Engelbart and his team at ARC used a simple code to label prototypes: “n” for nonworking (a wooden model, for example) and “w” for working (a fully-functional test version). The first mouse that really succeeded was the third working model; he planned to announce this via a memo titled “J97w3 device ready for patent.”

History was made when he accidentally typed the first word with his fingers a row too far down on the keyboard: “Mouse device ready for patent.”

## Nerdy Comic!

I’m shameless, but at least I can use LaTeX. (My renderer of choice is the Wikipedia sandbox.)

*EDIT: WordPress isn’t any better with fractions:*

## ‘Tis the season (for Google Live Updates)

‘Tis also the season for Christmas carols on the radio (already? Really, guys?) and animated snow on WordPress’s login page. (I swear to God I’ll switch over to Blogger if they pull that next year.)

Google recently unveiled their Updates feature, which is pretty if not spectacularly useful.

An impressive demonstration is the results for Christmas. I think this, better than any Internet-stats page I’ve ever seen, shows the sheer size of the Web, and specifically Twitter. People are tweeting about Christmas as fast as I can read it, and there’s still more than a week to go. (So seriously, cut it out with the carols.)

78 exabytes is a big number (thanks, Discover!), but it doesn’t drive home the personal aspect as well as the buzz of live Twitter updates does. Of course, it’ll be noisier still as the week progresses…

Fun fact: I’m actually Jewish, but Hanukkah doesn’t generate quite the same buzz for some reason.

## SI units: because 9,192,631,770 is such a round number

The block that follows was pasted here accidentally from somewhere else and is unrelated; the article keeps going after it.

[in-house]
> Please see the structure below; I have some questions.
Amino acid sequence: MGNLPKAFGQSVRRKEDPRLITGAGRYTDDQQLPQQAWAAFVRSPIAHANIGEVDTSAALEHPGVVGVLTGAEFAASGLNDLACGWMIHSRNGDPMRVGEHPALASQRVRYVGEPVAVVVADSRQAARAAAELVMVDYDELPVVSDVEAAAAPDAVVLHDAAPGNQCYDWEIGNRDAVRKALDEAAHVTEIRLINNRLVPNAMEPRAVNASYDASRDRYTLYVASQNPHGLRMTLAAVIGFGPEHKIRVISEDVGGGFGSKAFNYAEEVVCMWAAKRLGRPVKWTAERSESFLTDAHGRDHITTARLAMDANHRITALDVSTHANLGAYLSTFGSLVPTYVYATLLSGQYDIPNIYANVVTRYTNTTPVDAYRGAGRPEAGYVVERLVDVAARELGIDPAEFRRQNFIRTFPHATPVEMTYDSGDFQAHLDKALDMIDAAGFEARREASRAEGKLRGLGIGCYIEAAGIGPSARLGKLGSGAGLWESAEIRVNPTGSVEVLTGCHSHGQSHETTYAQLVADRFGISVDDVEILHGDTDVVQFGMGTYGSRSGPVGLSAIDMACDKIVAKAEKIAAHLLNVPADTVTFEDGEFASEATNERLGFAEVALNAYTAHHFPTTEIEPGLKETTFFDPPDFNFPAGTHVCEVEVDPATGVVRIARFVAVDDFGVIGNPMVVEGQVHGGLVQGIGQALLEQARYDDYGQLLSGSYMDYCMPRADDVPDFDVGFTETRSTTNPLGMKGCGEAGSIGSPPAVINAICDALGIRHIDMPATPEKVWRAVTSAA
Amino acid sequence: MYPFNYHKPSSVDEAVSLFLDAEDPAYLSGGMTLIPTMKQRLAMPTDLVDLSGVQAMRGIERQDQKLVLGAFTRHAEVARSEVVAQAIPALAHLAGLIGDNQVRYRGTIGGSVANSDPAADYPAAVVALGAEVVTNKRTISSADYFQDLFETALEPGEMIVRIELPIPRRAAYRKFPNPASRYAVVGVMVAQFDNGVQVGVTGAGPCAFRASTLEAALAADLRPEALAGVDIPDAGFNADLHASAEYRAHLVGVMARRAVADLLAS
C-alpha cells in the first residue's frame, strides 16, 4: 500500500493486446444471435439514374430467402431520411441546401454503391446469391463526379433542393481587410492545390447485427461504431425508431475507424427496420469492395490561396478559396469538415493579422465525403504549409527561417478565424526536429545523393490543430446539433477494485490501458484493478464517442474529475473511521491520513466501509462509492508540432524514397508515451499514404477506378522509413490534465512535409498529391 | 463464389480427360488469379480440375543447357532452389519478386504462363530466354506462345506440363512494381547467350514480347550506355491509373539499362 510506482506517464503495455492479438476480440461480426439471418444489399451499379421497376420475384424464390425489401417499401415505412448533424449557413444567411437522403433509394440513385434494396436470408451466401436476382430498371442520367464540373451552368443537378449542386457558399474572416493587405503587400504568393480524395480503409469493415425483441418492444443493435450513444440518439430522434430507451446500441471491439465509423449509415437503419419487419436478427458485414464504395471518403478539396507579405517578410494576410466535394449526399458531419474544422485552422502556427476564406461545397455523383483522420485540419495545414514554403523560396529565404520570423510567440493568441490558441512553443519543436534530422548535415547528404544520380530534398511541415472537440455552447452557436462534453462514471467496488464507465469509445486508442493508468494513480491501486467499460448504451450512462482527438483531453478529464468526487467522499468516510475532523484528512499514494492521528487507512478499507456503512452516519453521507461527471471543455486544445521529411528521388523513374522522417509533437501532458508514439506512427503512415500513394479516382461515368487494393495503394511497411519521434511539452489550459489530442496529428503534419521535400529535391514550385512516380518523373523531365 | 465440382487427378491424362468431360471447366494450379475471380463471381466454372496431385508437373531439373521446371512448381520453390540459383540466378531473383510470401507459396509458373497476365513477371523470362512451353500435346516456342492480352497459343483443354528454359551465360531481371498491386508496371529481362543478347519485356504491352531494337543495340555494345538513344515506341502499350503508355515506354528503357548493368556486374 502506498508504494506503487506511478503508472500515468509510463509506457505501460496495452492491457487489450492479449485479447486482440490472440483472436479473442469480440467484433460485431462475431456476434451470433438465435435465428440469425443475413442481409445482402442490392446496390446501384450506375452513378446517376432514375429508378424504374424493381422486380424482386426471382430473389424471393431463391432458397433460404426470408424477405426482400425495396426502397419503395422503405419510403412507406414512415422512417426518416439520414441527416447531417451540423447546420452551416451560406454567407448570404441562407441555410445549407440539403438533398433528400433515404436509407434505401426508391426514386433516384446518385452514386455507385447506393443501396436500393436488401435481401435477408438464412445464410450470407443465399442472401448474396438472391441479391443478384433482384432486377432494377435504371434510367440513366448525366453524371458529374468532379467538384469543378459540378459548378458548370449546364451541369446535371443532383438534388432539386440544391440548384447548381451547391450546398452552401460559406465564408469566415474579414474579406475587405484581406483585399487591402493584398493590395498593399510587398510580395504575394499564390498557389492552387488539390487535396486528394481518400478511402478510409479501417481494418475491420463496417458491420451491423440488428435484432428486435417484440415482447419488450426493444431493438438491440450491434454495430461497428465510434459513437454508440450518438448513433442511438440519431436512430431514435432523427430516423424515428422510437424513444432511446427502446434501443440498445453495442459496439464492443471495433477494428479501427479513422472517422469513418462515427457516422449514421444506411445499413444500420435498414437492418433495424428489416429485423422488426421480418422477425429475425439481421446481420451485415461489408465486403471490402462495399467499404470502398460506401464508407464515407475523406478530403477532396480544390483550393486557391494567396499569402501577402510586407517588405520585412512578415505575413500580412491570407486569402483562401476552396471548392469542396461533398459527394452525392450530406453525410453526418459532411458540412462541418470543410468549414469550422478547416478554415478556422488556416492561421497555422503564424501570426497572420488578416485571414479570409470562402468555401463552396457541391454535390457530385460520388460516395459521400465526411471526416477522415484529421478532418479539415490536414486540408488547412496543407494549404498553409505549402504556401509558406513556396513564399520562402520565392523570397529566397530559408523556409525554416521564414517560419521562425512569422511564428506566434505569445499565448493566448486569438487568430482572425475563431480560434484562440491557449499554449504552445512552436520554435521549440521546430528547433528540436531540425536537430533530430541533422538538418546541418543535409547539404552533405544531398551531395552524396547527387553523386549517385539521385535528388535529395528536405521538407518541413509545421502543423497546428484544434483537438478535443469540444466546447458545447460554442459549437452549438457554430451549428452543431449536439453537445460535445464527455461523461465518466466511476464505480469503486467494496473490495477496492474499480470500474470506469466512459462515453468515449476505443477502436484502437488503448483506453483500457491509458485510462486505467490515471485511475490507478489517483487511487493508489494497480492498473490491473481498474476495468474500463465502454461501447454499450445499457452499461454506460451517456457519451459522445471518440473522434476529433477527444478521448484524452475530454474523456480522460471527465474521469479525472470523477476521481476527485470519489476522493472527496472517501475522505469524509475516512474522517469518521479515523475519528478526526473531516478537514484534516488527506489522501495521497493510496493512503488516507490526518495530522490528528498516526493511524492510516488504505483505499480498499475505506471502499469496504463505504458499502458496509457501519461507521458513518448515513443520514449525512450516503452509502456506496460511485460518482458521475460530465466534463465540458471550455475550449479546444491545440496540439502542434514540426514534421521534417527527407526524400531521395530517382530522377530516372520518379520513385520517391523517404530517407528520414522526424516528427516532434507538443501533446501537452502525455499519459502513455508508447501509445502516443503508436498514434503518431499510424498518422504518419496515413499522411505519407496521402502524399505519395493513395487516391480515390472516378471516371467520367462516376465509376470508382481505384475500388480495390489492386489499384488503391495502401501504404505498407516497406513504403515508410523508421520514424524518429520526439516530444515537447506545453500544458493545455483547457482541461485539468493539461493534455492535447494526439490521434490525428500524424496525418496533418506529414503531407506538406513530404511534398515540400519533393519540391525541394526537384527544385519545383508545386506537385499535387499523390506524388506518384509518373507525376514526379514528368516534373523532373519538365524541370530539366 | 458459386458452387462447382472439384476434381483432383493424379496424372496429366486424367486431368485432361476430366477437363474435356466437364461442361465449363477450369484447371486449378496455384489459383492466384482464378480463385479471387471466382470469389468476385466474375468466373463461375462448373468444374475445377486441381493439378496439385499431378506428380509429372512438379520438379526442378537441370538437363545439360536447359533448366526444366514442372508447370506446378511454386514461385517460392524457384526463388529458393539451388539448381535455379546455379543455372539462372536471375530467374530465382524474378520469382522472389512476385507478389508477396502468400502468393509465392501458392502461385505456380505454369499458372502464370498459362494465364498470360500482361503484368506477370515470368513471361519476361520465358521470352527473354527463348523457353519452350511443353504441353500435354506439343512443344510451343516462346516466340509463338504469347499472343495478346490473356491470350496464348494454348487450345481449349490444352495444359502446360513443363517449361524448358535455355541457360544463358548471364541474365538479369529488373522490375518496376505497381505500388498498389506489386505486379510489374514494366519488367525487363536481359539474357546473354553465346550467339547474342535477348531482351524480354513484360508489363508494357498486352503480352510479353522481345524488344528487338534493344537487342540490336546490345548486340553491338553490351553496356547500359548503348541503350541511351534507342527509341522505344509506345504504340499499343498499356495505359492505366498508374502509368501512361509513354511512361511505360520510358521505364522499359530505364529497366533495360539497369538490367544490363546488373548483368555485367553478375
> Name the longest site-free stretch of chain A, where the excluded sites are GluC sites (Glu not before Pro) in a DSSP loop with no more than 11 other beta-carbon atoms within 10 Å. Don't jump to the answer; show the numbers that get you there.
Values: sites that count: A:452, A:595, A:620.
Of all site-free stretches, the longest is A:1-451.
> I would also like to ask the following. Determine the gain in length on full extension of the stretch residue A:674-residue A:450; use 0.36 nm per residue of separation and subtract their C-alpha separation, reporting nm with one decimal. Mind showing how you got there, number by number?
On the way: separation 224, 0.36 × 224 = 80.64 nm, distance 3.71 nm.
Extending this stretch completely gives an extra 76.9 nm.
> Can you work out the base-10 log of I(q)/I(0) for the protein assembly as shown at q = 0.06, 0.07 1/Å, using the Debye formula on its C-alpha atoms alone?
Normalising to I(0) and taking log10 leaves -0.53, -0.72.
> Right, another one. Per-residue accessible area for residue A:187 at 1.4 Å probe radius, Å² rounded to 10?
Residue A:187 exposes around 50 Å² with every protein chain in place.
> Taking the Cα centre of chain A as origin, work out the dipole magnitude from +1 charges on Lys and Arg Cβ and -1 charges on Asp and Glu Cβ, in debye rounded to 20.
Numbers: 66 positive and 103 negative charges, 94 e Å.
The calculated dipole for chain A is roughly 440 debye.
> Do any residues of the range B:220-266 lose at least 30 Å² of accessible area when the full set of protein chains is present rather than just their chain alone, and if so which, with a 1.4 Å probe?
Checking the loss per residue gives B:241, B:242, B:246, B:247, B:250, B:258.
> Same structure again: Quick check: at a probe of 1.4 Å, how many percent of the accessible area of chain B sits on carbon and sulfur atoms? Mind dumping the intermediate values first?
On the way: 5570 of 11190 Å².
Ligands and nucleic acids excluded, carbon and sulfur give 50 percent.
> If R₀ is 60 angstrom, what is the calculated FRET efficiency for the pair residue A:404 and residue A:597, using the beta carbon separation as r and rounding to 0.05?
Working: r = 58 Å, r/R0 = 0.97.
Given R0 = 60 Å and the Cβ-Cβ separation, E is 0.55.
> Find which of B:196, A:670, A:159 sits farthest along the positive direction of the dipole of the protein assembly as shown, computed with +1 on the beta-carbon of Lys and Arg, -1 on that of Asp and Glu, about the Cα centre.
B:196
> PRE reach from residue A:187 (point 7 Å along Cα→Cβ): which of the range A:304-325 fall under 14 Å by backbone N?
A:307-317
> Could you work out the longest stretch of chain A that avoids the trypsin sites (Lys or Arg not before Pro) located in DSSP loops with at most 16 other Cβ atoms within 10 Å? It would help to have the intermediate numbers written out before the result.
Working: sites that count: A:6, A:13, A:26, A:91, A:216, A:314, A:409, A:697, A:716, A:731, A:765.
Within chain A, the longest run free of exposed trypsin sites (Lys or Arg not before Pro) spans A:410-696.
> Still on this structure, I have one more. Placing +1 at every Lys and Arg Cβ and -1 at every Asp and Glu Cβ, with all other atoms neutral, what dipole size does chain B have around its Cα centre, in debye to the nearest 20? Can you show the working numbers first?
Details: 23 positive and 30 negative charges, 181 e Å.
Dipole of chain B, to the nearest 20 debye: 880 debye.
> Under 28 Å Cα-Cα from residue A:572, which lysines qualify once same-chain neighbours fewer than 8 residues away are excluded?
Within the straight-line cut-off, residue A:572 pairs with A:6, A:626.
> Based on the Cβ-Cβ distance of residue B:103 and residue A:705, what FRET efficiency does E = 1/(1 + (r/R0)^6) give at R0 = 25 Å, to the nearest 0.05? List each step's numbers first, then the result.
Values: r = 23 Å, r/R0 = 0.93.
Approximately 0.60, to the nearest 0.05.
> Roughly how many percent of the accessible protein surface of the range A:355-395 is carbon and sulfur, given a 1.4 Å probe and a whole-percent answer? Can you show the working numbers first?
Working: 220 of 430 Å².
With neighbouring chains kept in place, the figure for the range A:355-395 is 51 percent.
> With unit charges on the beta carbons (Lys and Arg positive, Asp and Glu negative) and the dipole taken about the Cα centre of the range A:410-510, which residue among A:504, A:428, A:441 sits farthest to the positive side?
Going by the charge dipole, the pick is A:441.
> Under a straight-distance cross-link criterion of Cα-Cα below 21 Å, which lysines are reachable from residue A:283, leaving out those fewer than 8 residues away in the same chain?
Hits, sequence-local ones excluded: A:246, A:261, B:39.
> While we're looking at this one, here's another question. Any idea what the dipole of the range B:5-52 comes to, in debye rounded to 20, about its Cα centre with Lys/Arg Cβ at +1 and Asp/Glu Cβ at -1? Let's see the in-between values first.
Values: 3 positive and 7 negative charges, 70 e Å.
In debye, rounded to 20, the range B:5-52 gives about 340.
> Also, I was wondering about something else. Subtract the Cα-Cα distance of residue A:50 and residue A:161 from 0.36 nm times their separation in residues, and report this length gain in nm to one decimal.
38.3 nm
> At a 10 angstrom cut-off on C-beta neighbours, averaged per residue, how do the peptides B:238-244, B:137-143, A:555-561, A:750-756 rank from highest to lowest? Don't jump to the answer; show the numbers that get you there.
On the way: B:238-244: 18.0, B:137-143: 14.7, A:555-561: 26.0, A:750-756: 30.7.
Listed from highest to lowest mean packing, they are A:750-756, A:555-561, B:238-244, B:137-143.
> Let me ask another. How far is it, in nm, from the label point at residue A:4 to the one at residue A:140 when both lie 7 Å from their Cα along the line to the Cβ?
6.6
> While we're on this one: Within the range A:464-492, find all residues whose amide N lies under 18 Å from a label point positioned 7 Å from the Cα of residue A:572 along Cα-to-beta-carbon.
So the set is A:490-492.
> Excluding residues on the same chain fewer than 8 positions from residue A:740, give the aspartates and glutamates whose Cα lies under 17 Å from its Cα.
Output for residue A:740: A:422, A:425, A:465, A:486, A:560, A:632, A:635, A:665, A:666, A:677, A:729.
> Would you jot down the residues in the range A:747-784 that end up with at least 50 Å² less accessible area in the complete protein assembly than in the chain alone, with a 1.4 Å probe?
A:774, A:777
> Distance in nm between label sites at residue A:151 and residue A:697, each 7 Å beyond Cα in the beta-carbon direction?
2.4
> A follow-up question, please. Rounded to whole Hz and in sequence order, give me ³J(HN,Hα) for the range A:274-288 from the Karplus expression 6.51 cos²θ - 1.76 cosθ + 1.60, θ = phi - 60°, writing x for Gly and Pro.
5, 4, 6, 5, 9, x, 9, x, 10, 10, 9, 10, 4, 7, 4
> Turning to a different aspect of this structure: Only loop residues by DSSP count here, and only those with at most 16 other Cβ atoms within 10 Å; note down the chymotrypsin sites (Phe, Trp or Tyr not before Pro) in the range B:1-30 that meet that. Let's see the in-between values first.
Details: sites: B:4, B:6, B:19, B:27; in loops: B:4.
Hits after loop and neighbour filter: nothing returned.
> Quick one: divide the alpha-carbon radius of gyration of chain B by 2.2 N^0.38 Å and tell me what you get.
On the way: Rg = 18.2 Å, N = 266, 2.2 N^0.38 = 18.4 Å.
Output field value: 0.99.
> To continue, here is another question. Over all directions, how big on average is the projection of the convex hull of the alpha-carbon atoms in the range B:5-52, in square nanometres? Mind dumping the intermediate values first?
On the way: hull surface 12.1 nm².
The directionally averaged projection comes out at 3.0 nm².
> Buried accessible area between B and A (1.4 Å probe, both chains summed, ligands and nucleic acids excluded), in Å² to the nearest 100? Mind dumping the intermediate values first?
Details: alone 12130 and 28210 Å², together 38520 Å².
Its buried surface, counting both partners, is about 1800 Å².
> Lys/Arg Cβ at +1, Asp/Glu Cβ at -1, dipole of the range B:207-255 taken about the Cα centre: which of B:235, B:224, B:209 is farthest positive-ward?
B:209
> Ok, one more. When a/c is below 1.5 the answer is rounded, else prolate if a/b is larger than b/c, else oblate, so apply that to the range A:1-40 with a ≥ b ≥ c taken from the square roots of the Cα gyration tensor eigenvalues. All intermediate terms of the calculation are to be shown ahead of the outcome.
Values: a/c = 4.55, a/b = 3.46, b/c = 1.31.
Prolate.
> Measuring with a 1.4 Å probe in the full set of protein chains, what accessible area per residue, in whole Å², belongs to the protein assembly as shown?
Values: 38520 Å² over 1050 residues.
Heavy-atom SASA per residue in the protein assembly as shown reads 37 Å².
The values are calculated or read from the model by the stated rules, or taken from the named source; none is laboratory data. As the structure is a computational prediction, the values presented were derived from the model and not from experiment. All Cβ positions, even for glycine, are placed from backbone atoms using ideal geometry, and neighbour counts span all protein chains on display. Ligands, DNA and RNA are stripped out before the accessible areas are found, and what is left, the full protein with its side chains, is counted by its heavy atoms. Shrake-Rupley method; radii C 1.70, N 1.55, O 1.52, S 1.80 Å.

(Click for full 1024×768 image)

Note: The kilogram is technically defined only from the ridiculous lump of metal in a vault in France. The thing with water is the traditional, imprecise definition, but I included it for the sake of explanation (maybe the second’s definition as a fraction of a day should be in there, but ah well.) I used the American spelling of

“meter”, but the quotes (both from Wikipedia) use the official international spelling.

Interestingly, the main complaint with the SI system seems to be that “amount of substance” isn’t a proper physical quantity.

What’s the matter, guys? I thought you liked arbitrary big numbers?

Hmm. I should note, too, that it’s still a far better system than anything else out there, before the powers-that-be force me to use Furlong/Firkin/Fortnight instead.

I want a t-shirt with “Fuck the International Prototype Kilogram”.

## Chickens, turkeys and raptors, oh my!

Take a look at this graph: (via Google: Insights for Search, slightly modified)

Which bird wins? Well, the chicken (red) has the best overall search volume, but Thanksgiving pushes turkeys (blue) right up to the top.

This makes sense. Thanksgiving is more closely associated with turkey than with gratitude.

But what of that yellow line? Raptors deserve more attention. I tell ya, birds these days got no respect for their heritage.

Just imagine if xkcd used chickens.

(from xkcd)

(chicken from Wikimedia Commons)